Friday, 28 October 2011

Favourite things on a Friday

I thought I'd join in with Emma's Favourite Things on a Friday.  My Favourite thing today is the East Sussex Guild of Spinners, Dyers and Weavers Exhibition. 

I have just got back.  What can I say.  A perfect day.  Ooodles of yarns, fibre, colours and lovely things people have made.  I have of course spent far too much money but never mind, it was worth it.  There is no natural light now and I am pushed for time so I have no photos of what I bought but I will show you another day.  The exhibition is on tomorrow as well so if you live any where near Lewes, East Sussex, UK, I highly recommend you go along. 

Now do visit Emma's blog and read all about Favourite Things on a Friday.

Monday, 24 October 2011

More Sheep in Literature

I recently confessed to a passion for poetry as well as sheep.  I'm always excited when the two combine and I come across a poem about sheep.  One of my favourite sheep poems is from Ted Hughes' Season Songs.  Unsurprisingly, the poem is entitled 'Sheep' and describes in detail the shearing process.  Hughes writes from the point of view of the sheep.  It is a sensitive, insightful poem:

Why am I dragged into the light and whirled onto my back

Why am I sat up on my rear end with my legs splayed

A man grips me helpless
What is that buzzer what is it coming
Buzzing like a big fierce insect on a long tangling of snake
What is this man doing to me with his buzzing thing.

I often wonder what the sheep is thinking.  When I did my shearing course we were shearing older ewes.  The farm hosts the course each year so the chances are the ewes get shorn by beginners several years running.  I'm sure the older sheep knew what to expect because some of them just lay there quietly, as though they were thinking 'here we go again'.  

In Hughes' poem, the sheep comes off the winner:
She trots away, noble-nosed, her pride unsmirched.
Her greasy winter-weight stays coiled on the foul floor, for somebody else to bother about.
She has a beautiful wet green brand on her bobbing brand-new backside,
She baas, she has come off best.
What do you think of Hughes' poem?  Do you think sheep remember being shorn?

Tuesday, 18 October 2011

Cover Girl

I have never aspired to be a cover girl.  However, if I were to dare dream of such a thing, I would imagine myself being photographed only after several hours with a very large team of professional beautifiers and then being thoroughly air brushed.  This week I had a shock.  I find I am a cover girl.  Photographed not after a makeover but after having been bent over a sheep for the last twenty minutes!

The September/October issue of Yarnmaker is out any day now and the cover image has been released.  This issue contains my second article on learning to shear where I recorded my experiences of a sheep shearing course I took in the summer.  I just didn’t expect to be on the cover.  Dirty, sweaty and jubilant, hugging the fleece I had just shorn (no, I'm not the one with four horns).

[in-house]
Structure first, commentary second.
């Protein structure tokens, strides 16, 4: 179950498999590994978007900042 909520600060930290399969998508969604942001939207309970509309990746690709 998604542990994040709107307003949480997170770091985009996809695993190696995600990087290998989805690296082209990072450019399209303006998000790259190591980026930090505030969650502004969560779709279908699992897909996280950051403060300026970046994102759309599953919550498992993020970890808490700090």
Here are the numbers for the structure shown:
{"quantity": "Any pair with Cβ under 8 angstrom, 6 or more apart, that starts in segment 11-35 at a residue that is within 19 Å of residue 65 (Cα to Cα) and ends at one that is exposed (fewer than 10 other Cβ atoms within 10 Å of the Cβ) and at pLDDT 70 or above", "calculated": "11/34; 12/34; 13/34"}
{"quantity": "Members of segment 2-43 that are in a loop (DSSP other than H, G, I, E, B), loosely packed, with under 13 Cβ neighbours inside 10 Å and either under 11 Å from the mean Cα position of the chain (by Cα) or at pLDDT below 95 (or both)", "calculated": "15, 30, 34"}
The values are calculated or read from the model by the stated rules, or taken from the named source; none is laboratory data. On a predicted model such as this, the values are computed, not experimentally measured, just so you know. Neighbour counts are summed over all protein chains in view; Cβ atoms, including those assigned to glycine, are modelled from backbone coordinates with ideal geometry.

Thanks Dot!

Yarnmaker, started by Dorothy Lumb (Dot) in August 2010, is a magazine aimed at handspinners and people who are passionate about fibre.  Single issues and subscriptions are available from the Yarnmaker website.

Saturday, 8 October 2011

Sheep in Literature

I’ve been neglecting the blog lately, life has got in the way.  Also I haven’t had much to report compared to the busy shearing and craft show season.  I’m still plodding away with the mohair, there’s a bit more to comb before I can start spinning but once I get on to the spinning I’ll post an update.  

In the meantime, I thought I’d share another of my passions with you.  As well as being somewhat crazy about sheep, I also like literature.  I get very excited when the two interests come together and I actually find a piece about sheep.  This doesn’t happen all that often.  Recently I’ve been reading the works of WH Davies.  Davies had an amazing life, he was a tramp for many years.  In 1893 he went to America and in the following years he worked his passage across the Atlantic many times.  

The ships he worked on carried cattle and sheep.  Davies speaks briefly about the sheep in his book The Autobiography of a Super-tramp, he describes sailing with 2000 sheep on board.  The crossings seemed to take about 13 days.  I find it incredible that they used to ship live sheep across the Atlantic from America for slaughter in England.  The losses were considerable, with Davies giving an account of one voyage where all of the sheep were washed overboard during a storm.  

Undoubtedly Davies’ most powerful accounts of sailing with sheep are found in his two poems ‘A Child’s Pet’ and ‘Sheep’.  ‘Sheep’ describes the animals’ distress at leaving land behind:

They sniffed, poor things, for their green fields,
They cried so loud I could not sleep:

‘A Child’s Pet’ is a heart wrenching account of a sheep which had probably been a bottle fed lamb:

Yet every night and every day one sheep
That had no fear of man or sea,
Stuck through the bars its pleading face,
And it was stroked by me.

Davies describes the men on the ship as a bunch of ruffians and thieves yet all of them make a fuss of the tame sheep: 

Eight ragged sheep-men – tramps and thieves –
Would stroke that sheep’s black nose.

Sheep are often overlooked, I love the way Davies empathises with the sheep and really makes the tame sheep live in my imagination.

What do you think?  Have you come across any sheep in literature?